Increasing Positive Drug Tests Send American Jobs to Immigrants

People walking into an American factory.

While immigration controversies hit the front pages of news media over the last year, behind the headlines, America’s drug problem has been turning some jobs over to drug-free immigrants. The phenomenon has become more pronounced as more companies use drug testing to weed out prospective employees who might have accidents or cause injuries due to impairment from drugs or alcohol.

In New York Times coverage of this problem in 2016, several employers interviewed stated that they were having trouble finding drug-free employees because of the greater legality of marijuana and the opioid problems so prevalent in the Midwest, New England, Great Lakes and other areas.

By 2017, CNN reported that some of these vacant jobs were being taken by immigrants who had not had access to illicit or prescription drugs in their home countries. CNN cites the White Castle food processing plant as an example. It has so many refugee employees that “it’s become like the United Nations,” according to a company vice president.

As employers struggled with the right way to approach drug use by their employees, Colorado’s Supreme Court further weighed in on this issue. In 2015, the Court ruled that a Colorado business has the right to fire an employee for failing a drug test due to marijuana use, even though use of the drug is famously legal in that state.

Hot Issue for Employers

As the costs of employing drug- or alcohol-using employees became better known, more employers have opted to add drug testing to their employment procedure.

Man works at a dangerous task in a plant.

How do drug- or alcohol-using employees impact employer? According to the National Council on Alcoholism and Drug Dependence (NCADD):

  • Workers with alcohol problems were 2.7 times more likely than other workers to experience injury-related absences.
  • Thirty-five percent of patients with an occupational injury were at-risk drinkers.
  • Breathalyzer tests detected alcohol in 16% of emergency room patients injured at work.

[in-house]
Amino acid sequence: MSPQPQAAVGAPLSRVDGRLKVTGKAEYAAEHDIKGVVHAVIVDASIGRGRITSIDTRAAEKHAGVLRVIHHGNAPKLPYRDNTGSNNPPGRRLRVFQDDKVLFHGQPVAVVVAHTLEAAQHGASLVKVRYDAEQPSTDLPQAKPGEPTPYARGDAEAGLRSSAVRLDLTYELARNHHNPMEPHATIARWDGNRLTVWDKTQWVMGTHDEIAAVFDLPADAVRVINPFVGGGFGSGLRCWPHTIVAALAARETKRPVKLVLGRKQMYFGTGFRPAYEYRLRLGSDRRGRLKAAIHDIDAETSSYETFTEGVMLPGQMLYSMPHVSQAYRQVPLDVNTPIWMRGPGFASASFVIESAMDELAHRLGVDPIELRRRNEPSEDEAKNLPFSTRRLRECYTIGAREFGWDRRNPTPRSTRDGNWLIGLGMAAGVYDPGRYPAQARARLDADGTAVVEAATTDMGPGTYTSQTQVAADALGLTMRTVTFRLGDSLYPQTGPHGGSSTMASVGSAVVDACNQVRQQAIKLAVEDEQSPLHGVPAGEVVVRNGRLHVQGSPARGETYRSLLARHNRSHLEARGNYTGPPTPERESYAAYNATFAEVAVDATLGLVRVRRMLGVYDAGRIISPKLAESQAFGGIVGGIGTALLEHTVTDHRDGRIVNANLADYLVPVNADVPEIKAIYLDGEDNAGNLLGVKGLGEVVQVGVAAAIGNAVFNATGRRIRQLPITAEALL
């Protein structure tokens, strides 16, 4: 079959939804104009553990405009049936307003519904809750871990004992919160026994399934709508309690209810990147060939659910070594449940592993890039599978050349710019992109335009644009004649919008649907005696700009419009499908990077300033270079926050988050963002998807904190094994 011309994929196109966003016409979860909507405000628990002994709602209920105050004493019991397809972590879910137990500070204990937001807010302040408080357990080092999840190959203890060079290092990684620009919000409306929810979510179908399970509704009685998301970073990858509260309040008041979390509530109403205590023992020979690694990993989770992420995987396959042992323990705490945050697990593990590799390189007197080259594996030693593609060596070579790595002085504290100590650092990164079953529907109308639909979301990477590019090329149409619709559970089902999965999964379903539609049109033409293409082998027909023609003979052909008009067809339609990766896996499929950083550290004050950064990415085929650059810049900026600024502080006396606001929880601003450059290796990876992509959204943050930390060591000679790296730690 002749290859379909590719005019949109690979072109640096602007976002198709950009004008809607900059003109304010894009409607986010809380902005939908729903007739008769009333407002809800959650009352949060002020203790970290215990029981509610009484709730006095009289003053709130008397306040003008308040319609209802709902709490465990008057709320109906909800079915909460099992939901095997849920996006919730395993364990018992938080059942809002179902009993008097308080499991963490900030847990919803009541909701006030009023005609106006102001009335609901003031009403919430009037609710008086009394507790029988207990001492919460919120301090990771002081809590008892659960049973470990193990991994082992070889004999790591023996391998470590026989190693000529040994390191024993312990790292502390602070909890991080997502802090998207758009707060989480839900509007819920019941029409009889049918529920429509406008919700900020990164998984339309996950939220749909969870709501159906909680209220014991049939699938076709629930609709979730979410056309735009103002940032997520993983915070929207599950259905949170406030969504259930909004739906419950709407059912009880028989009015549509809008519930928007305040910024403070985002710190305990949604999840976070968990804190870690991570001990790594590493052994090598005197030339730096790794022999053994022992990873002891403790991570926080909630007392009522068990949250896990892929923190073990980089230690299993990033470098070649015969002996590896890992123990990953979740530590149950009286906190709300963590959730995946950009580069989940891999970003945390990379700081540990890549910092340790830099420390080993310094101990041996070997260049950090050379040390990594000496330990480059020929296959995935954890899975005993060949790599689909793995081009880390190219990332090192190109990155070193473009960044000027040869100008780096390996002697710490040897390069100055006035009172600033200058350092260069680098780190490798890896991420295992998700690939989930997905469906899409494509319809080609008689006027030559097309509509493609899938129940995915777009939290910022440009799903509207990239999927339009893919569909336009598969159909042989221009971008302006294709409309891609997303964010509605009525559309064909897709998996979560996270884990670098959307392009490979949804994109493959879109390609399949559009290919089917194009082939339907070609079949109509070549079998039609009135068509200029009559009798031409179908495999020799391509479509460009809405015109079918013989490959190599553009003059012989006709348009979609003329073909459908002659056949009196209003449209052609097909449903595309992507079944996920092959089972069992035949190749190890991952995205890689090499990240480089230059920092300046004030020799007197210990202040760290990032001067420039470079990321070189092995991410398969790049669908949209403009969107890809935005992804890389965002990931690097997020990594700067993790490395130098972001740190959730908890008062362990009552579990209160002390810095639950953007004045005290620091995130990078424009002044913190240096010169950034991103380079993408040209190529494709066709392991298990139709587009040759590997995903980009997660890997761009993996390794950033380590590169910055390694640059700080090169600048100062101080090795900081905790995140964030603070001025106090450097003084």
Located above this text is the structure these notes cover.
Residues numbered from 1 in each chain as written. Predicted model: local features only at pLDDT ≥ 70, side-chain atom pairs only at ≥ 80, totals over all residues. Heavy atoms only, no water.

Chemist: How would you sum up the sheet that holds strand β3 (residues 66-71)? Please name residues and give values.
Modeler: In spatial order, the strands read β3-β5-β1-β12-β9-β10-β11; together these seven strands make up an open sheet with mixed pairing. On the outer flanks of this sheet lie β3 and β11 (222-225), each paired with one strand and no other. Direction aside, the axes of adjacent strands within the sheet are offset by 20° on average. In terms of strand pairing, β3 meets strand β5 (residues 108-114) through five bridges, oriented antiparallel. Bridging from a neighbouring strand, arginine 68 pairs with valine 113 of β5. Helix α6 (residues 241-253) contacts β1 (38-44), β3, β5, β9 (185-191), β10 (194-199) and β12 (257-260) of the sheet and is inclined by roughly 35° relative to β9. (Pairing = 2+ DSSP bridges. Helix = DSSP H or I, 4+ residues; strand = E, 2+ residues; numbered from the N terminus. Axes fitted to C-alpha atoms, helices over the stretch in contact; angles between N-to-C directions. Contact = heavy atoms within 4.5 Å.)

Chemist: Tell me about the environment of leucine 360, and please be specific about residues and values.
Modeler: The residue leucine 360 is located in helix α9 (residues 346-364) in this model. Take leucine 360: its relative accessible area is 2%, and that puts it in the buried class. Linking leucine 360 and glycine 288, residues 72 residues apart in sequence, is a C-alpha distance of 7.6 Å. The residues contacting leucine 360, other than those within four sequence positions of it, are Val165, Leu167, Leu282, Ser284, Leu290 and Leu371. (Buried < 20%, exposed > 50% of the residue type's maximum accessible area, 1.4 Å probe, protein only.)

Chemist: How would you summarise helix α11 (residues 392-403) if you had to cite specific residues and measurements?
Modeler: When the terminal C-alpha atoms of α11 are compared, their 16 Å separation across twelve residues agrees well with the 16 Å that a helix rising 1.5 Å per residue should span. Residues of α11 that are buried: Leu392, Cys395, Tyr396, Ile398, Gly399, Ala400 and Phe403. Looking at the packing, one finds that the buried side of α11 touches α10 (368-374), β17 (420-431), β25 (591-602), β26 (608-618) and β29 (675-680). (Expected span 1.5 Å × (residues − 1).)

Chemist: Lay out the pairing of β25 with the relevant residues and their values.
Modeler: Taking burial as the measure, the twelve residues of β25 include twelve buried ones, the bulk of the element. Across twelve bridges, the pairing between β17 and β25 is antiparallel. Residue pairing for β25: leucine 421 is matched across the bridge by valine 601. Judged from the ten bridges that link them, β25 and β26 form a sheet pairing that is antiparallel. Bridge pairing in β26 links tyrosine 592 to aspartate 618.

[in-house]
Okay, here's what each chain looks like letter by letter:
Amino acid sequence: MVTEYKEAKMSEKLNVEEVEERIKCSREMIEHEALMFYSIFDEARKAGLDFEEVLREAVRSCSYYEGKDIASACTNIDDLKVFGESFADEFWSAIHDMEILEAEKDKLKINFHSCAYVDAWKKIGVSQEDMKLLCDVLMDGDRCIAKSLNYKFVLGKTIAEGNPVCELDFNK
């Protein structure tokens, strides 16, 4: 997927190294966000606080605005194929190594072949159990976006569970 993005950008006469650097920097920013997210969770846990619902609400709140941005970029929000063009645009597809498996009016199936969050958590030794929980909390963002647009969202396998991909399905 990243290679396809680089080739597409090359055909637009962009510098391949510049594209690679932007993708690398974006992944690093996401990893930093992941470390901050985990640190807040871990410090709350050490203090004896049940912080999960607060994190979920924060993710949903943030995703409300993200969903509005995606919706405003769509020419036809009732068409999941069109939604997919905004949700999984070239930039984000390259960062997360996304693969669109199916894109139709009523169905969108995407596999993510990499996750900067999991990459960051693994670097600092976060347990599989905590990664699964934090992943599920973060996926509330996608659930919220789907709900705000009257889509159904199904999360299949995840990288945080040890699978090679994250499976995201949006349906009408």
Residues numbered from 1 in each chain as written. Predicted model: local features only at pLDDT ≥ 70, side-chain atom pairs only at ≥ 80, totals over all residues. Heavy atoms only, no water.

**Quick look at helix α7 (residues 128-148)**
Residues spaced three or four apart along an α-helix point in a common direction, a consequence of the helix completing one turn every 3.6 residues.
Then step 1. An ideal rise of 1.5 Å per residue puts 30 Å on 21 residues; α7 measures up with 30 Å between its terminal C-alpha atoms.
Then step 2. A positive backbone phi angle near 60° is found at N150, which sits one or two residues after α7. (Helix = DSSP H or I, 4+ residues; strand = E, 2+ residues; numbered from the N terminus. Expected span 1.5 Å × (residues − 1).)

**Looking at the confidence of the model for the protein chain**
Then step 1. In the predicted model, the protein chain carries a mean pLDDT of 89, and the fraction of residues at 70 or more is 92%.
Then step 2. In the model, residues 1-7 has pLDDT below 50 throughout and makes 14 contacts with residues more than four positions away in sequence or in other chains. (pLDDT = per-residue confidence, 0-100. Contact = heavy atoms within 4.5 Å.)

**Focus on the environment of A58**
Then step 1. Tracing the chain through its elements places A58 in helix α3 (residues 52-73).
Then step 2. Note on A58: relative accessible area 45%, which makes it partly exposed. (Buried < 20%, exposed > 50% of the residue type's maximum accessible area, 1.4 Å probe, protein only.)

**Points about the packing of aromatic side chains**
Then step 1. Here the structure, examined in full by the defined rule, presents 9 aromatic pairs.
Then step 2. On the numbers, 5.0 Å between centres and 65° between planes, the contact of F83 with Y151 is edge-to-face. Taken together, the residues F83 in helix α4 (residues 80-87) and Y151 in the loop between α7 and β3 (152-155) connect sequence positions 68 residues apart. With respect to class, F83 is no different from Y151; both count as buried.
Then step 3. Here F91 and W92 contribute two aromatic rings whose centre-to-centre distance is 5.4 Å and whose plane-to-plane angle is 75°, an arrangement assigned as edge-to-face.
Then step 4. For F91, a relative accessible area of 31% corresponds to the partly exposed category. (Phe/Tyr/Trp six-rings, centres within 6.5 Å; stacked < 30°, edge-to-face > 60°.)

• Among workplace fatalities, at least 11% of the victims had been drinking.
  • Workers who report having three or more jobs in the last five years are about twice as likely to be current or past year users of illegal drugs as those who have had two or fewer jobs.
  • Marijuana is the most commonly used drug by employees, followed by cocaine, with prescription drug use steadily increasing.

The NCADD also noted that 70 percent of the nearly 15 million Americans who use illegal drugs are holding jobs, which means that maybe as many as ten million impaired workers on our assembly lines, processing our food or providing services in hospitals, restaurants, offices and other locations.

As noted by the New York Times, some states give a company a break on their worker’s compensation insurance if they are certified as drug-free because a lower incidence of work-related injury can be expected.

In jobs involving transportation, there are very specific laws in place that mandate drug testing after accidents or when an employer suspects drug use. Random testing of drivers should also be performed. While not every violation can be detected and caught, these laws help keep our roads and highways safer.

Drug-Free Is Safest

In being employed, in parenting and in just living a productive life, being fully alert and unimpaired by drugs or alcohol is the safest, healthiest and most enjoyable way to live. Every drug comes with health risks as well as the risk of addiction or accidental harm. Our dedication at Narconon is helping individuals return to lasting health and sobriety. If we can be of service to you or someone you care about, please contact us immediately.


Karen Hadley

For more than a decade, Karen has been researching and writing about drug trafficking, drug abuse, addiction and recovery. She has also studied and written about policy issues related to drug treatment.